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Maguire proves his coaching pedigree by smashing both World Cup finalists to the merry tune of 80-0

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Roar Guru
8th November, 2023
14
4500 Reads

Michael Maguire was “gun shy” when his phone rang, especially if it was a player on the other end.

He had just received several calls from players who, for several reasons, would be unavailable for selection consideration in the upcoming Pacific Championships against the two World Cup finalists, Australia, and Samoa.

The “NO” column started with champion fullback Roger Tuivasa-Sheck who could not gain a release from NZ Rugby or the Warriors.

Coach “Madge” knew he had to have a spine to be competitive with the Kangaroos – James Tedesco, Daly Cherry-Evans, Cam Munster, Harry Grant, and Ben Hunt -, but after losing incumbent hooker Brandon Smith, he also received negative responses from Jeremy Marshall-King, Phoenix Crossland and even Wayde Egan was turned down after living in New Zealand for five years.

Champion halfback Shaun Johnson was the next to call in with a “red card”, followed by the Warriors’ skipper, the highly influential Tohu Harris, who Madge was relying on to ensure the ball went to his star backline in a timely fashion.

With no ball-playing lock, it was critical that Charnze Nicoll-Klokstad swapped positions with Golden Boot winner Joey Manu, who had limited game time in recent months and would be better suited in his club position at right centre.

Young Raider Matthew Timoko was selected as the other centre to make his Kiwi debut.

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A goal kicker was required and the NRL leading point scorer Jamayne Isaako slotted in perfectly.

Ronaldo Mulitalo had an excellent World Cup and was uncontested when Dallin Watene-Zelezniak was another winger who was unavailable.

Marata Niukore was also a major withdrawal as he was to fill the strategic role of being an impact forward, but also having the versatility to cover the centre position if an outside back went down.

Based on their club form and supporting data, Leo Thompson and Griffin Neame received a call-up and were asked to keep the momentum going when he rested his gun middles, James Fisher-Harris, Joe Tapine, and Moses Leota.

A final 17 was settled on after many setbacks.

The Kiwis’ luckless two-point defeat by the Kangaroos in the World Cup semis still gave Maguire nightmares and after getting his squad together, he set about planning a revenge assault against an Australian team that boasted 12 Maroons still basking in the glow of their successful Origin win.

New Zealand coach Michael Maguire. (Photo by Jan Kruger/Getty Images for RLWC)

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To win the Pacific Championships, the Kiwis would have to play in three matches and two of those were basically sudden death.

The initial match was against the WC runners-up Samoa, and despite only a one-week preparation, the Kiwis implemented the game plan to perfection with a 50-0 demolition which ensured a finals birth.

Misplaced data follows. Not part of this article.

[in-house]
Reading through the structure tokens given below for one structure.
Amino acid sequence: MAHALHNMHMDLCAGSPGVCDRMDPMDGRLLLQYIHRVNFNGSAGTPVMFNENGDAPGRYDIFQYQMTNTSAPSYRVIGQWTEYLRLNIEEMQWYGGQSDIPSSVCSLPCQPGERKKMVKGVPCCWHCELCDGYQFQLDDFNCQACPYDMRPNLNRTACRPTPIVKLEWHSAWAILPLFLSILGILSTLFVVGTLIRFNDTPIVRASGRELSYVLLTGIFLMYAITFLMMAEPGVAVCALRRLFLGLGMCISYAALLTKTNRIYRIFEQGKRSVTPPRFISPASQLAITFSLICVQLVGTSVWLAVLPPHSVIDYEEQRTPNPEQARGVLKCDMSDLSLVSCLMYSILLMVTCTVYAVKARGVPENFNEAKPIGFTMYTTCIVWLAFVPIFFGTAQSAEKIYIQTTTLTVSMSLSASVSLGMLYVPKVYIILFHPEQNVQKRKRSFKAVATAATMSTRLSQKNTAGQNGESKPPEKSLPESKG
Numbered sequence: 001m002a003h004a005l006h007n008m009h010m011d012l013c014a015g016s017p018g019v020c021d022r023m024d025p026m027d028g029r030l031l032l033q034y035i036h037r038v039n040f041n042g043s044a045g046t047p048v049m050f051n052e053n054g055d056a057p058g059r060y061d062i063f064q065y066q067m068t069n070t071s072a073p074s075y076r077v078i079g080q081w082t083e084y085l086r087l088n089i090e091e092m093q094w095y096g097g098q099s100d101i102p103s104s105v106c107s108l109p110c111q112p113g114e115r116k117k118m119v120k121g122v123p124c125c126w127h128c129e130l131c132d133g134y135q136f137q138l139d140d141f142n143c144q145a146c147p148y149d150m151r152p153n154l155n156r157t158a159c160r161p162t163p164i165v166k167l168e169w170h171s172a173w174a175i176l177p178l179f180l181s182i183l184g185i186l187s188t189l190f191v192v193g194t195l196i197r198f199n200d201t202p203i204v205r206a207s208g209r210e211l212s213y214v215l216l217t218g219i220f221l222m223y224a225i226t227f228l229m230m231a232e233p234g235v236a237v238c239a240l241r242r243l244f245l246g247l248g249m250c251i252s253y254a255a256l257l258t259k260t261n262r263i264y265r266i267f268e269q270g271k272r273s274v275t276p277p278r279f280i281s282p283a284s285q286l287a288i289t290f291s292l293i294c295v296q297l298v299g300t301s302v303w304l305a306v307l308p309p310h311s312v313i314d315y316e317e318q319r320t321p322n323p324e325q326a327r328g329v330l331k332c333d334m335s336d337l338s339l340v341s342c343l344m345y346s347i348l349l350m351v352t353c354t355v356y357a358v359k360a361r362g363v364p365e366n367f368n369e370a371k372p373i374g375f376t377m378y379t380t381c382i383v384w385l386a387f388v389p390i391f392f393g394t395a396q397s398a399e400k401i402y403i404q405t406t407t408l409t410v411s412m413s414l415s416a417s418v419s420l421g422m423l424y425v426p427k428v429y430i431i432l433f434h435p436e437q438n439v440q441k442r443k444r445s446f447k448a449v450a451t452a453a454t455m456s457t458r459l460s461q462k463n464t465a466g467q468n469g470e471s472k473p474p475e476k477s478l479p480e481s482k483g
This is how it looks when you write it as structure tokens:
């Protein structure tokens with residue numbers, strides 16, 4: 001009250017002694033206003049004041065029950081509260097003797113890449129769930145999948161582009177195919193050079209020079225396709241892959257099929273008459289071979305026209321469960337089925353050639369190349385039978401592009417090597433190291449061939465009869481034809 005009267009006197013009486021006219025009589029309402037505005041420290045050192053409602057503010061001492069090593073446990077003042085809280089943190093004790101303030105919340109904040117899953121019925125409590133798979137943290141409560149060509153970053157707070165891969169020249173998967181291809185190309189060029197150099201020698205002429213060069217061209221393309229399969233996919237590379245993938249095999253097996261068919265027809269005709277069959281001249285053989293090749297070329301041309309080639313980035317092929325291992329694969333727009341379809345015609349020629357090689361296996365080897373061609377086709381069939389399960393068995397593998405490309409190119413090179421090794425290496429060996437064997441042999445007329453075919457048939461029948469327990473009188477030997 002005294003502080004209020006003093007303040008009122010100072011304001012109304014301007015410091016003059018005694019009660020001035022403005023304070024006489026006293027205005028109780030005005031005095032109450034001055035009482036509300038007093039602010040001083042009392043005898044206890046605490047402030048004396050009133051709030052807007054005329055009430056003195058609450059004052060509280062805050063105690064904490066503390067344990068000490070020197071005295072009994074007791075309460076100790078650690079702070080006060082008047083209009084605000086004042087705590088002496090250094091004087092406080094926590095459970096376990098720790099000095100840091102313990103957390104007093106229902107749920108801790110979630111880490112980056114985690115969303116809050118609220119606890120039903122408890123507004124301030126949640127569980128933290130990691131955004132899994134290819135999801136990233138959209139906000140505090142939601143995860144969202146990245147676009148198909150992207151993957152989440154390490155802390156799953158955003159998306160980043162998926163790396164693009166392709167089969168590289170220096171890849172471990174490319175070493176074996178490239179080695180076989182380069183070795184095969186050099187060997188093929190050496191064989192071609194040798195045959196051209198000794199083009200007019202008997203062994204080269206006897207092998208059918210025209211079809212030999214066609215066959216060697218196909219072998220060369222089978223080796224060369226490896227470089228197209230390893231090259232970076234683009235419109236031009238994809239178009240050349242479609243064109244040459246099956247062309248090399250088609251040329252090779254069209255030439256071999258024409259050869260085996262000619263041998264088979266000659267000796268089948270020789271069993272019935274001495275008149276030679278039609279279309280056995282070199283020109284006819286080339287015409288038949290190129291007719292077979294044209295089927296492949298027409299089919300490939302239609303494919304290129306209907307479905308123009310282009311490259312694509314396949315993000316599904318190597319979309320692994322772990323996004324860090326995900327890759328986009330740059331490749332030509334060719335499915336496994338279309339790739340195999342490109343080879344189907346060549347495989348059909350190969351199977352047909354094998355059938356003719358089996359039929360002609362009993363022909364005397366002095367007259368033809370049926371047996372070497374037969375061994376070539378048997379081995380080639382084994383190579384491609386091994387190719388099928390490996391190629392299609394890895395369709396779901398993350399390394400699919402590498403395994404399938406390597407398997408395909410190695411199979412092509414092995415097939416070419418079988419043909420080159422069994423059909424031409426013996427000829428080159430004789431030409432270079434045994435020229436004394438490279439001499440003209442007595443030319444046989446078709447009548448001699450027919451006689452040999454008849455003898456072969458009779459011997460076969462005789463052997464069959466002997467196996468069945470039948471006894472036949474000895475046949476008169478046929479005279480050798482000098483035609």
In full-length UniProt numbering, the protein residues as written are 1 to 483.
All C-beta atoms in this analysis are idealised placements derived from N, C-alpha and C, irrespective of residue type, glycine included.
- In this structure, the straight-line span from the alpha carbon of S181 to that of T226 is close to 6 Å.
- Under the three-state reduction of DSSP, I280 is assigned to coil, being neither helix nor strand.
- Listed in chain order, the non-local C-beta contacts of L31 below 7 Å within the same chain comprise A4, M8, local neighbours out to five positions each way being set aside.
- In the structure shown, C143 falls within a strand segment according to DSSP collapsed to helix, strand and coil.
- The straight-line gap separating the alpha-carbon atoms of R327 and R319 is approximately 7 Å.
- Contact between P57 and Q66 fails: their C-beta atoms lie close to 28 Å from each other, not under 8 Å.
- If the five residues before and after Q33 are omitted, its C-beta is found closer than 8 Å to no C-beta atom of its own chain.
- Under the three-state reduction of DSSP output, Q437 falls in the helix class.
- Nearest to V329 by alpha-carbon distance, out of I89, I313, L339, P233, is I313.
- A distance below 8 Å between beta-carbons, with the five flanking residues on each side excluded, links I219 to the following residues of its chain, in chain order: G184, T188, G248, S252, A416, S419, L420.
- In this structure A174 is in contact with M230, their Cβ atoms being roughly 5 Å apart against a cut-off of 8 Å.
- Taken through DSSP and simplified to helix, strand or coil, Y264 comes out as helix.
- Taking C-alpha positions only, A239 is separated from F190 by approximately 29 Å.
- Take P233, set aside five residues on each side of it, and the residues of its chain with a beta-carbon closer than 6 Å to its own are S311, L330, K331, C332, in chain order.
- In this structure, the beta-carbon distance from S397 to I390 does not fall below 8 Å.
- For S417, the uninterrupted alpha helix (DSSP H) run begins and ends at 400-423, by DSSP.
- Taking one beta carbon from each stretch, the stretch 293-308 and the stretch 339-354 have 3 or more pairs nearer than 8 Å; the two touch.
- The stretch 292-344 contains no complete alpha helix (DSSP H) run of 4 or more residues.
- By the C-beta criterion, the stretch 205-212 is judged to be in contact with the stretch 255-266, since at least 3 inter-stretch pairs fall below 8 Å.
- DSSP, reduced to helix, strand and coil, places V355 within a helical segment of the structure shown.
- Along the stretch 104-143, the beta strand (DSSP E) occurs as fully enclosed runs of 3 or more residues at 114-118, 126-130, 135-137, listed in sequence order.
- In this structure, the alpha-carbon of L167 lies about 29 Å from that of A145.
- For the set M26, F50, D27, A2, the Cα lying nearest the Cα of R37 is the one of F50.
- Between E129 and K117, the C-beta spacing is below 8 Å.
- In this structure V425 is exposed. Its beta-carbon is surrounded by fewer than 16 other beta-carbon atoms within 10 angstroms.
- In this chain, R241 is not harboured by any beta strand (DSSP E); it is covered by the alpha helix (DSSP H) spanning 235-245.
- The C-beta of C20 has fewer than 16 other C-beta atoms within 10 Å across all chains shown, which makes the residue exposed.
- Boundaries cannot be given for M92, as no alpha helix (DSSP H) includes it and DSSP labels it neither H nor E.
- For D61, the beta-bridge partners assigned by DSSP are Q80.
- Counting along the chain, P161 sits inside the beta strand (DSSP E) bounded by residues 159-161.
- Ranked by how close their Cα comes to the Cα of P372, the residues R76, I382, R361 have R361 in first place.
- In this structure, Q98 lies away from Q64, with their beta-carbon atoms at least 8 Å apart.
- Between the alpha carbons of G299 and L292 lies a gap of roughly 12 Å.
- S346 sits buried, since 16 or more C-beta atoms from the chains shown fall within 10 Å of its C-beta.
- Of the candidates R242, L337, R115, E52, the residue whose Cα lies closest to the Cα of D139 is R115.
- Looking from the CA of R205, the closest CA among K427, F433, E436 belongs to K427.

And while the following match against the Kangaroos was meaningful, the focus on the preparation was ensuring that they peaked for the final in Hamilton the following week as many of the players came into camp underdone.

Mal Meninga’s Kangaroos were too good in Melbourne even though the Kiwis were only one try behind with three minutes to go. It was a dead rubber and Madge’s men were “flat” after playing the big Samoan forwards and then adding the required “miles in their legs” during the week.

Madge had implemented a Bart Cummings style Melbourne Cup preparation for his players so they would peak both physically and mentally for the decider.

He did not leave a stone unturned including toning down the much-loved Haka, which although can be invigorating, can also be energy-sapping, and getting off to a good start was Madge’s first ask of his players.

The history books will read that the Kiwis went on to record a five-tries-to-nil win over the Kangaroos, it was the biggest losing margin in Australia’s Test history.

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It was a sublime performance by the coach and his players.

The tactics were completely changed from the previous week as Australia were boosted by their two champion props in Payne Haas and Tino Fa’asuamaleaui and the Kiwis did not have anyone else to call on that would improve the team.

Madge had to go with what he had, but the big change was the brilliant tactics that involved his halves Jahrome Hughes and Dylan Brown combining.

The unsung hero was veteran Kieran Foran who was asked to play the crucial dummy half role and ensure the big forwards received quality ball. His combination with Nu Brown, who also had not played hooker at NRL level that season, was key.

A narrative was that the Kangaroos were tired. So were the Kiwis who were bashed up, and if the final had been an NRL match, three forwards would likely not have played, while player of the final Nicoll-Klokstad played with a broken rib suffered from the initial Samoan match.

Madge sat down with Charnze and asked for a black or white answer if he could play on. It was never going to be a maybe which would have hindered the team’s preparation. It had to be a definitive “yes I am in”, or “no”.

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When he made the gutsy call to play with pain, that set the standard for the entire team.

The Kiwis obilterated the two World Cup Finalists, Australia, and Samoa, in the two matches that really counted for a combined 80-0 scoreline.

It is not a World Cup, but it is not a bad consolation on the way to the next one in 2026.

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